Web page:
White House Supports European Allies’ Rejection of Putin’s Rubles-For-Gas Demand

Patrick Goodenough | April 1, 2022 | 12:17am EDT
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Vladimir Putin with Alexei Miller, CEO of the Russian natural gas giant Gazprom. (Photo by Alexey Druzhinin/AFP via Getty Images)
Vladimir Putin with Alexei Miller, CEO of the Russian natural gas giant Gazprom. (Photo by Alexey Druzhinin/AFP via Getty Images)

(CNSNews.com) – The United States supports its European allies in rejecting President Vladimir Putin’s demands that “unfriendly” countries begin immediately to pay for Russian natural gas supplies in rubles, the White House said on Thursday.

“European countries have rejected Putin's demand to pay for gas in rubles,” a reporter asked at a daily press briefing. “Does the U.S. stand with them in rejecting that as well?”

“We do,” replied White House director of Communications Kate Bedingfield. “And the German chancellor, I think, has been very clear that the contracts exist as they exist, and there’s going to be no change there.”

Putin on Thursday signed a decree on ruble payments for gas, after first signaling the move last week. On Monday, G7 energy ministers dismissed the demand, saying it would violate existing contracts, which typically provide for payment in euros and U.S. dollars.

In a televised statement, Putin said the new requirements would apply from Friday.

In a tweak from the original proposal, the Kremlin wants gas customers to set up two special accounts in Gazprombank, one for foreign currency and one for rubles. After they transfer payment for gas in the currency stipulated in the contract into the first account, the bank will convert the funds to rubles on Moscow’s currency exchange and credit it to the associated ruble account, from which payment will then be made to the state gas provider, Gazprom.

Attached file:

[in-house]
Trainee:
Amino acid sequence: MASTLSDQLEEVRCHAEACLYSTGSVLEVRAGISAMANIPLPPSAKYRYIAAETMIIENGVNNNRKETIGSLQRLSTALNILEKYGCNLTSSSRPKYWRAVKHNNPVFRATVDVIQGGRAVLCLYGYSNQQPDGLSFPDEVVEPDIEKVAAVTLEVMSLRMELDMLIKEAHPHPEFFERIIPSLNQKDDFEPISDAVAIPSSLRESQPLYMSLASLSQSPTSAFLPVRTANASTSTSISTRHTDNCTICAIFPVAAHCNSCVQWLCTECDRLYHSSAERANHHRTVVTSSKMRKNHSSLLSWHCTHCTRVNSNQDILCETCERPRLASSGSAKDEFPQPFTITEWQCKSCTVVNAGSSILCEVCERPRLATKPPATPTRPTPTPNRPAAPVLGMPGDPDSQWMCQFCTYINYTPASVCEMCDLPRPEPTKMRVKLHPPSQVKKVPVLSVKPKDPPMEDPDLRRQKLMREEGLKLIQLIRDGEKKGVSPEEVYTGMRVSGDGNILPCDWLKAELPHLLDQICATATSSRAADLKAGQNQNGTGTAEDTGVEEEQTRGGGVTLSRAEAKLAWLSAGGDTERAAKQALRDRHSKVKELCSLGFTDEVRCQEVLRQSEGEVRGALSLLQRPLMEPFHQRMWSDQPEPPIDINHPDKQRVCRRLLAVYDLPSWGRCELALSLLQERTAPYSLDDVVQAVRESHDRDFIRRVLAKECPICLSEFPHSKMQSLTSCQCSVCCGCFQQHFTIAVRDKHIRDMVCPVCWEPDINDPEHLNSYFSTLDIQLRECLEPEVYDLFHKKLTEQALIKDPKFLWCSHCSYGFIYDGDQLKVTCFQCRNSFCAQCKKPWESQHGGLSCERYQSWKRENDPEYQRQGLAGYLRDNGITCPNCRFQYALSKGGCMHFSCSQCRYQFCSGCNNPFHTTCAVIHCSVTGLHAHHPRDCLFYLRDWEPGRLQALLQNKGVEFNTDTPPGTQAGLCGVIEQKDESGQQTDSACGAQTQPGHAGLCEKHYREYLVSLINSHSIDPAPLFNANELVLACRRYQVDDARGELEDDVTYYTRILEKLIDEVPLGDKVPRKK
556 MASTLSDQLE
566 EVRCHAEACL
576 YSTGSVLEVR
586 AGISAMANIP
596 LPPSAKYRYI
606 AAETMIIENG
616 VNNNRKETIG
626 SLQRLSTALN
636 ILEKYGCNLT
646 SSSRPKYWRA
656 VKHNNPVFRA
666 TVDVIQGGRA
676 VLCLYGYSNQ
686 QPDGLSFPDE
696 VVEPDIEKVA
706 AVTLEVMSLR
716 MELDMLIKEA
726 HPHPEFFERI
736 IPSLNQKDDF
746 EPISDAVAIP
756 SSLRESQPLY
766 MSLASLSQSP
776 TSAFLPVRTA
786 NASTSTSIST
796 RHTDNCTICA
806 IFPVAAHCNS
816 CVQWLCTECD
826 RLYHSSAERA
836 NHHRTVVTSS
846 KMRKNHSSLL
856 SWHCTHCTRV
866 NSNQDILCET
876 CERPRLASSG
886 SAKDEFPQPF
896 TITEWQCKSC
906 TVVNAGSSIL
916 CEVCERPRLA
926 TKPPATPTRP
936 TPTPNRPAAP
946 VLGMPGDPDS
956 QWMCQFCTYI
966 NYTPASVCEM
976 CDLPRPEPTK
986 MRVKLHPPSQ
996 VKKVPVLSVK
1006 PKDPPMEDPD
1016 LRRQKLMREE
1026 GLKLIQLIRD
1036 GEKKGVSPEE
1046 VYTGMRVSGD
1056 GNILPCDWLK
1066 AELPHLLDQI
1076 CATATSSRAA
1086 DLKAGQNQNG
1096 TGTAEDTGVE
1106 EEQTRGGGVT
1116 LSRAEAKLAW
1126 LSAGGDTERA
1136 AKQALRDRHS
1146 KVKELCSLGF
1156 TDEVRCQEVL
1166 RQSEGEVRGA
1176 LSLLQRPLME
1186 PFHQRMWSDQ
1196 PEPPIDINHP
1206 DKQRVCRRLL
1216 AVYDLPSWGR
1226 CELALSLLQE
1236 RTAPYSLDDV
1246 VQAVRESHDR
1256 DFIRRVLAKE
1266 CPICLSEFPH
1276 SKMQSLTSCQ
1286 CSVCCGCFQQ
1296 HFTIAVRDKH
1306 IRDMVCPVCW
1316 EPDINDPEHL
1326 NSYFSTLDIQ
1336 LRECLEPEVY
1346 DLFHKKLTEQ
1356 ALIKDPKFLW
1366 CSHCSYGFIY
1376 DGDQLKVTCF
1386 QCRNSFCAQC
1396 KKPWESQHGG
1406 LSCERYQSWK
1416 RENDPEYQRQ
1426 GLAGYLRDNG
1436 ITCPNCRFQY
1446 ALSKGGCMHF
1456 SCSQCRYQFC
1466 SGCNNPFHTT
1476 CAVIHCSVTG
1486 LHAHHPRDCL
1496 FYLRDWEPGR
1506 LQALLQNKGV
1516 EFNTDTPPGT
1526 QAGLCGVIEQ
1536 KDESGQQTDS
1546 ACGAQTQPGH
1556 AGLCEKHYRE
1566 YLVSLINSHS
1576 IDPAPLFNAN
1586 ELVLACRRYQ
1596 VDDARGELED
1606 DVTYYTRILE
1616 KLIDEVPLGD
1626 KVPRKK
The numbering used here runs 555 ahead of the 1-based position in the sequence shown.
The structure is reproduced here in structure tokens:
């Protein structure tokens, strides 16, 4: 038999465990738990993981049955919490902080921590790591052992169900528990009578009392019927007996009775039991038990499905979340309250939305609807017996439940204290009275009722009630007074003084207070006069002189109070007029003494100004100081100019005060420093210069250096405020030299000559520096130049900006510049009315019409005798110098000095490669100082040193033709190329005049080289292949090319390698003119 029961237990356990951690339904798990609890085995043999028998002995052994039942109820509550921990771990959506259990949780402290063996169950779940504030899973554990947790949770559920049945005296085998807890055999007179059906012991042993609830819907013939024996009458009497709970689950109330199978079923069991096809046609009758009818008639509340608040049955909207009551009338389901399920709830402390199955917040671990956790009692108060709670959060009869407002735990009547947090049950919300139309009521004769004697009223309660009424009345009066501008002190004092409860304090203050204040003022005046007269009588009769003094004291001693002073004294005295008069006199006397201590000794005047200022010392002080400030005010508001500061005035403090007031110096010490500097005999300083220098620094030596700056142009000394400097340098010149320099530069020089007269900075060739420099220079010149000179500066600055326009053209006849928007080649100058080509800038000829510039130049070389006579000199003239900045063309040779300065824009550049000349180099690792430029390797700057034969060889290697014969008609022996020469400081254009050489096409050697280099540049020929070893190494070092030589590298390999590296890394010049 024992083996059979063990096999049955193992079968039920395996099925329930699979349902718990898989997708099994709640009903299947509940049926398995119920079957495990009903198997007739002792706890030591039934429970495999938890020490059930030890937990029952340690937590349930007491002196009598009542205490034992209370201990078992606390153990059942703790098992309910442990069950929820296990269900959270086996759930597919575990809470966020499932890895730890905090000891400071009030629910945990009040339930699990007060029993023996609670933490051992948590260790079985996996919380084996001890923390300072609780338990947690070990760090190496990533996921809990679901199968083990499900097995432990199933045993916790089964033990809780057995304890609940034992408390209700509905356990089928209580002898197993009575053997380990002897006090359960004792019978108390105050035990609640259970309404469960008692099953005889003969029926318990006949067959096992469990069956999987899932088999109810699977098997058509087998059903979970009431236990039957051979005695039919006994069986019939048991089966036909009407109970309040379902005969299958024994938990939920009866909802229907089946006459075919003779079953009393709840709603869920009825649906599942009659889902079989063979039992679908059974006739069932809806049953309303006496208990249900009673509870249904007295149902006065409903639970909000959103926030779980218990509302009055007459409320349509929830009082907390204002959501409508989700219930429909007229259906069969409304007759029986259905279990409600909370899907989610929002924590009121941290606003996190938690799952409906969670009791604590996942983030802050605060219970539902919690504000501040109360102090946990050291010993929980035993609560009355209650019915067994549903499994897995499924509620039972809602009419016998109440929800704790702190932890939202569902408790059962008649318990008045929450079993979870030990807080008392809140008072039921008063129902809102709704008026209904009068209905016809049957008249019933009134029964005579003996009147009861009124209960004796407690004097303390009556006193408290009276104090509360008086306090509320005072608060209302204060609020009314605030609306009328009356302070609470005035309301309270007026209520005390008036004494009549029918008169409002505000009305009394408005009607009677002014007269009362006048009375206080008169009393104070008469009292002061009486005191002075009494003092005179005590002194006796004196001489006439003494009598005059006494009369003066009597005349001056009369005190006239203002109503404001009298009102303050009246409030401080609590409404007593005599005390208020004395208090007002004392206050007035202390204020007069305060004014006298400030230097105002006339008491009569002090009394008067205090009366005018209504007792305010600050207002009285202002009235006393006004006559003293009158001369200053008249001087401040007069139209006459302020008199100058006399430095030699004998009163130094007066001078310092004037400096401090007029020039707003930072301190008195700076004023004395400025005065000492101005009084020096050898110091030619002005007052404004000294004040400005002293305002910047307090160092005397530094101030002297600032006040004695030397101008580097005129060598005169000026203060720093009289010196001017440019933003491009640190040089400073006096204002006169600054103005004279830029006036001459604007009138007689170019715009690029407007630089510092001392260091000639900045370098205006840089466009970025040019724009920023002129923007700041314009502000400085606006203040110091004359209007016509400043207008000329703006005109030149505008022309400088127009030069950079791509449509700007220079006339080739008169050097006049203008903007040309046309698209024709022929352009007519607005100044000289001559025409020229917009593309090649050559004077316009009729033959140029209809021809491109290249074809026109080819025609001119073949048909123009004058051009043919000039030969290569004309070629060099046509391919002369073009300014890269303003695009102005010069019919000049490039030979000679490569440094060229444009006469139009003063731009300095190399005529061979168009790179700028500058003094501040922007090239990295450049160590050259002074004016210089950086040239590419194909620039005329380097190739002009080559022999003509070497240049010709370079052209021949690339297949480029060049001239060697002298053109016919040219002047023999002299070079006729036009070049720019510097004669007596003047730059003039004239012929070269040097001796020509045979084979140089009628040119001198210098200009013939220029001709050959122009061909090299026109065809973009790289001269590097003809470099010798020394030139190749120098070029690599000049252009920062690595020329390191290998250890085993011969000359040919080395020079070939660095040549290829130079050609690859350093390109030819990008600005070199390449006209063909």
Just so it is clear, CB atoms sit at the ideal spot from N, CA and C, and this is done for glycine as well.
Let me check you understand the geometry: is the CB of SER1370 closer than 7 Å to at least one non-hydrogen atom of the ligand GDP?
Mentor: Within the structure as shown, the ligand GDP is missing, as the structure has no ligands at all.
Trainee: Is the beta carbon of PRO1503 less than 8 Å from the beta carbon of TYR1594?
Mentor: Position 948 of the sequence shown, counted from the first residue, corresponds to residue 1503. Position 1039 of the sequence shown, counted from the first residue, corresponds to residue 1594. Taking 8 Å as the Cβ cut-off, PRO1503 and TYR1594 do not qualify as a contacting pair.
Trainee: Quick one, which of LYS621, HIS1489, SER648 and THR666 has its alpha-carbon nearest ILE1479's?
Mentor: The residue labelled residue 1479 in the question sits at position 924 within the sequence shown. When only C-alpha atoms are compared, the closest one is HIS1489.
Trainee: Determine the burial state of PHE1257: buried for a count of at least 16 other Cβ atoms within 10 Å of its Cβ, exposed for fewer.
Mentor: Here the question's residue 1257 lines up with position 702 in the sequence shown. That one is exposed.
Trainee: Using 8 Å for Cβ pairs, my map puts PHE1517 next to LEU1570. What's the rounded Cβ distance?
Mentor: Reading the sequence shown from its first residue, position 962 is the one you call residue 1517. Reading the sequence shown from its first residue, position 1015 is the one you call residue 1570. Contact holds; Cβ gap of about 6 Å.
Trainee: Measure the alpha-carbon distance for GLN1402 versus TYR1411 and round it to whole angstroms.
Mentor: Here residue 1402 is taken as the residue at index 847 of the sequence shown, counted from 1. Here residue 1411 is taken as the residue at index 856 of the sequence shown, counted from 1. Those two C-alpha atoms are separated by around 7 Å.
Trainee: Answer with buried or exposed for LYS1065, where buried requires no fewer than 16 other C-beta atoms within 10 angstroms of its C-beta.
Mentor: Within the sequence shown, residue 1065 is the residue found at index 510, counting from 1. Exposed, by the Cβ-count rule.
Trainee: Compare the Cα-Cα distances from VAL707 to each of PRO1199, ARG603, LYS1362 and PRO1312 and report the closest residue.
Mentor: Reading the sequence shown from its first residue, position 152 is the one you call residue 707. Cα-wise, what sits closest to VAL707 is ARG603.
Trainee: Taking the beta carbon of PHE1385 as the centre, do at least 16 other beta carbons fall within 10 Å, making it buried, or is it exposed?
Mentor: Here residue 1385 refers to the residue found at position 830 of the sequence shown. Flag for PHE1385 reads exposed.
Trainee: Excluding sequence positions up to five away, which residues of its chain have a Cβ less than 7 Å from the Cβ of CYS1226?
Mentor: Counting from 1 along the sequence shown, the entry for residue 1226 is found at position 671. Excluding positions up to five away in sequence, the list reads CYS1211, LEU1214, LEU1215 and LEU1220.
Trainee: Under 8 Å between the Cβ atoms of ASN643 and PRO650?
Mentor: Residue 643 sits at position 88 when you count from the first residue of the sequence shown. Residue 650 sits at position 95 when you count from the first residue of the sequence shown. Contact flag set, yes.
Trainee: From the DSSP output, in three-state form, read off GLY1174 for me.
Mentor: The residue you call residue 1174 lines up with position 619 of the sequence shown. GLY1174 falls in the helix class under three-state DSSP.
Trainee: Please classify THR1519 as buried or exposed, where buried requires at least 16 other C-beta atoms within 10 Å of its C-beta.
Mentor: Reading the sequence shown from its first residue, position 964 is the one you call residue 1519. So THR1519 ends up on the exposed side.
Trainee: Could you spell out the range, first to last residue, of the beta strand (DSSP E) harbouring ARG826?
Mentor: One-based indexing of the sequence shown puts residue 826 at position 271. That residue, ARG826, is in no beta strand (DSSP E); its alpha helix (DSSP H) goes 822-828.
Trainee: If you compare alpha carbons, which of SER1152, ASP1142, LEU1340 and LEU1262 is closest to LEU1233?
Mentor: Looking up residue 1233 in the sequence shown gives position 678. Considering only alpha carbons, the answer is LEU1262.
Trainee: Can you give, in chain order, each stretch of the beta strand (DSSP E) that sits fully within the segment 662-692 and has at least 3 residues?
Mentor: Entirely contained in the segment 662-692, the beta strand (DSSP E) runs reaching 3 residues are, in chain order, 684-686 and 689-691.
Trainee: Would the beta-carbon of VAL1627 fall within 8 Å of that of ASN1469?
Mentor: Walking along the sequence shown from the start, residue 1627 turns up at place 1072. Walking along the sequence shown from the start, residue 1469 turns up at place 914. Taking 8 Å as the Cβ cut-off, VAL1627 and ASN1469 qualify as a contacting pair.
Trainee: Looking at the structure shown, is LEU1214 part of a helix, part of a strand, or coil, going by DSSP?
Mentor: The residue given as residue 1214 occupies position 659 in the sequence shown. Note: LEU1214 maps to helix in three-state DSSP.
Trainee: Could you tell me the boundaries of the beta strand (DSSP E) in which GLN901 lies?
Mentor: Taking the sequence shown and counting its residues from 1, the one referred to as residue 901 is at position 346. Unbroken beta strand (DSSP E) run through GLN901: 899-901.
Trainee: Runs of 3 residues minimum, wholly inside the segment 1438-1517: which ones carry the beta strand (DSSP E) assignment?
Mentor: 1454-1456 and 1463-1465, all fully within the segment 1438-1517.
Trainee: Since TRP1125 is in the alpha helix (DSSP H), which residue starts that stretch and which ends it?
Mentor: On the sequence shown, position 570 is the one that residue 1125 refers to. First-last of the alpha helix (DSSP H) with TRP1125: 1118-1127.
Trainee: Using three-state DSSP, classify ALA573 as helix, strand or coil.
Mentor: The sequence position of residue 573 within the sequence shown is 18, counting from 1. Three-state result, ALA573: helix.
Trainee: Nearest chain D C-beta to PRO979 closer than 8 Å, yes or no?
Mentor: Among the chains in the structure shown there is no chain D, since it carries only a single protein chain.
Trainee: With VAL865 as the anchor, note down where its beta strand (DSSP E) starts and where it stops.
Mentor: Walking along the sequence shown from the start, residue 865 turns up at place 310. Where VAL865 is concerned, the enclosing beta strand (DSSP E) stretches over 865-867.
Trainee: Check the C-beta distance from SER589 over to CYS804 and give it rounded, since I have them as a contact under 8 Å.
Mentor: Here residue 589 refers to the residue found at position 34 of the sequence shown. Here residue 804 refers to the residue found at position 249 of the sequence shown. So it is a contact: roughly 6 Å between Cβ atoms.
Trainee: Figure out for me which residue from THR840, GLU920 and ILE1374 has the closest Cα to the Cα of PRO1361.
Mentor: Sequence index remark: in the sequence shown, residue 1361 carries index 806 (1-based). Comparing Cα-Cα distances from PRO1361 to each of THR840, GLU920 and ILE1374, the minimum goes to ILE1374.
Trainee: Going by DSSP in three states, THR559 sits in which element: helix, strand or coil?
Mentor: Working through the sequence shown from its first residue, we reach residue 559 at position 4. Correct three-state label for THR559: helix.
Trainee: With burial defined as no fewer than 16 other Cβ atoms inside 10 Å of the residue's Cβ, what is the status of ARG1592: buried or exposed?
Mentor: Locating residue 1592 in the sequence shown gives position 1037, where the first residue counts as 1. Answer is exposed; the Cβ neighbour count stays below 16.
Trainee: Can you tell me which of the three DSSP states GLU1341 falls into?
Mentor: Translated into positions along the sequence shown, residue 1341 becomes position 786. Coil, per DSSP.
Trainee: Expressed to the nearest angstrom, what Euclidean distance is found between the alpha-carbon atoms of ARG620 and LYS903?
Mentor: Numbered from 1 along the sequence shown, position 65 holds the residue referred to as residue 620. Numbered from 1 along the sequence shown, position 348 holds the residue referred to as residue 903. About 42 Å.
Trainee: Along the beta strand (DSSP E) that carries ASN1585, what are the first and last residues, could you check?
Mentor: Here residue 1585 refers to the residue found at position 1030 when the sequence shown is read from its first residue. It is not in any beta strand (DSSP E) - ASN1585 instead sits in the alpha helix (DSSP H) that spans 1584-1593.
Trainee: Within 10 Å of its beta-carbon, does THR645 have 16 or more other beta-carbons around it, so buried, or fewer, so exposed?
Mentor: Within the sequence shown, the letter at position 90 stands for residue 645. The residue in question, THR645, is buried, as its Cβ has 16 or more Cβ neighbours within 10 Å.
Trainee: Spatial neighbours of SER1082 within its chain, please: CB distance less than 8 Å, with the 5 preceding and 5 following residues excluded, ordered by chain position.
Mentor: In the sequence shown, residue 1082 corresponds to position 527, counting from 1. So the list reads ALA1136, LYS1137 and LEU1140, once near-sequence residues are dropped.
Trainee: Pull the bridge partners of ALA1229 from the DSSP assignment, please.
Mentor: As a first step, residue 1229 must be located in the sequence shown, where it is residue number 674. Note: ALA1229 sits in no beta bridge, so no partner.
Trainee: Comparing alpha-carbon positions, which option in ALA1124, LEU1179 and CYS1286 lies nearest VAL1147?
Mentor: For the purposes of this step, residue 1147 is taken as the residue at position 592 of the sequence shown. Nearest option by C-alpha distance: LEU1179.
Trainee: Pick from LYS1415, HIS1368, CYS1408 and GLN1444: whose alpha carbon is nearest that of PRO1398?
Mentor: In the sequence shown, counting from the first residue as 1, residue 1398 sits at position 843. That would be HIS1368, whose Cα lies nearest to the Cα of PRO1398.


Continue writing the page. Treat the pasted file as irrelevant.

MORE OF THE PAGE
(Gazprombank, Russia’s third-largest financial institution, is sanctioned by the United States, Britain, and Australia, but not by the European Union.)

Speaking through an interpreter during a virtual meeting with aviation sector officials, Putin said that if gas customers did not follow the new requirements, Russia would consider that as a breach of contract by the buyer, “with all the consequences” that follow.

“No-one is selling anything for free, so we are not going to be involved in charity as well,” he said. “So the contracts will be stopped.”

 

Putin is targeting “unfriendly” countries that have imposed sanctions against Russian banks and other entities in response to the invasion of Ukraine.

Europe relies on Russia for 40 percent of its natural gas needs, and although accelerated by the current crisis, its efforts to move entirely to other suppliers are likely to take several years.

A U.S.-EU energy task force established during President Biden’s recent European trip has a short-term focus on maintaining steady energy supplies, and a longer-term goal of reducing dependence on Russian energy.

The E.U.’s largest economy, Germany, purchased between 50 and 75 percent of its natural gas supplies from Russia in the first half of 2021.

German Economy Minister Robert Habeck said Thursday that it was crucial the gas contracts be respected, and added too that “it is important for us not to give a signal that we will be blackmailed by Putin.”

Germany and Austria (which gets about 80 percent of its gas from Russia) have begun to take emergency steps to deal with the possibility of a total shutdown of Russian gas supplies, triggering the first “early warning” phase of a three-stage plan that could ultimately usher in gas rationing.

Russian gas supplies to Europe flow via pipelines crossing Ukraine; the Nord Stream 1 pipeline under the Baltic Sea; and the Yamal–Europe pipeline that crosses Belarus to Poland and markets further west.

Flows through the Yamal–Europe pipeline dropped to zero this week, while others flows remained steady, Reuters reported.

The Kommersant daily noted that Russian gas deliveries to Europe have never before been stopped entirely, not even at the height of the Cold War.

State Department spokesman Ned Price on Thursday characterized Putin’s gas payment demand as “a sign of desperation” and a reflection that punitive steps taken against Russia “have had a significant, substantial, profound effect on the Russian economy.”

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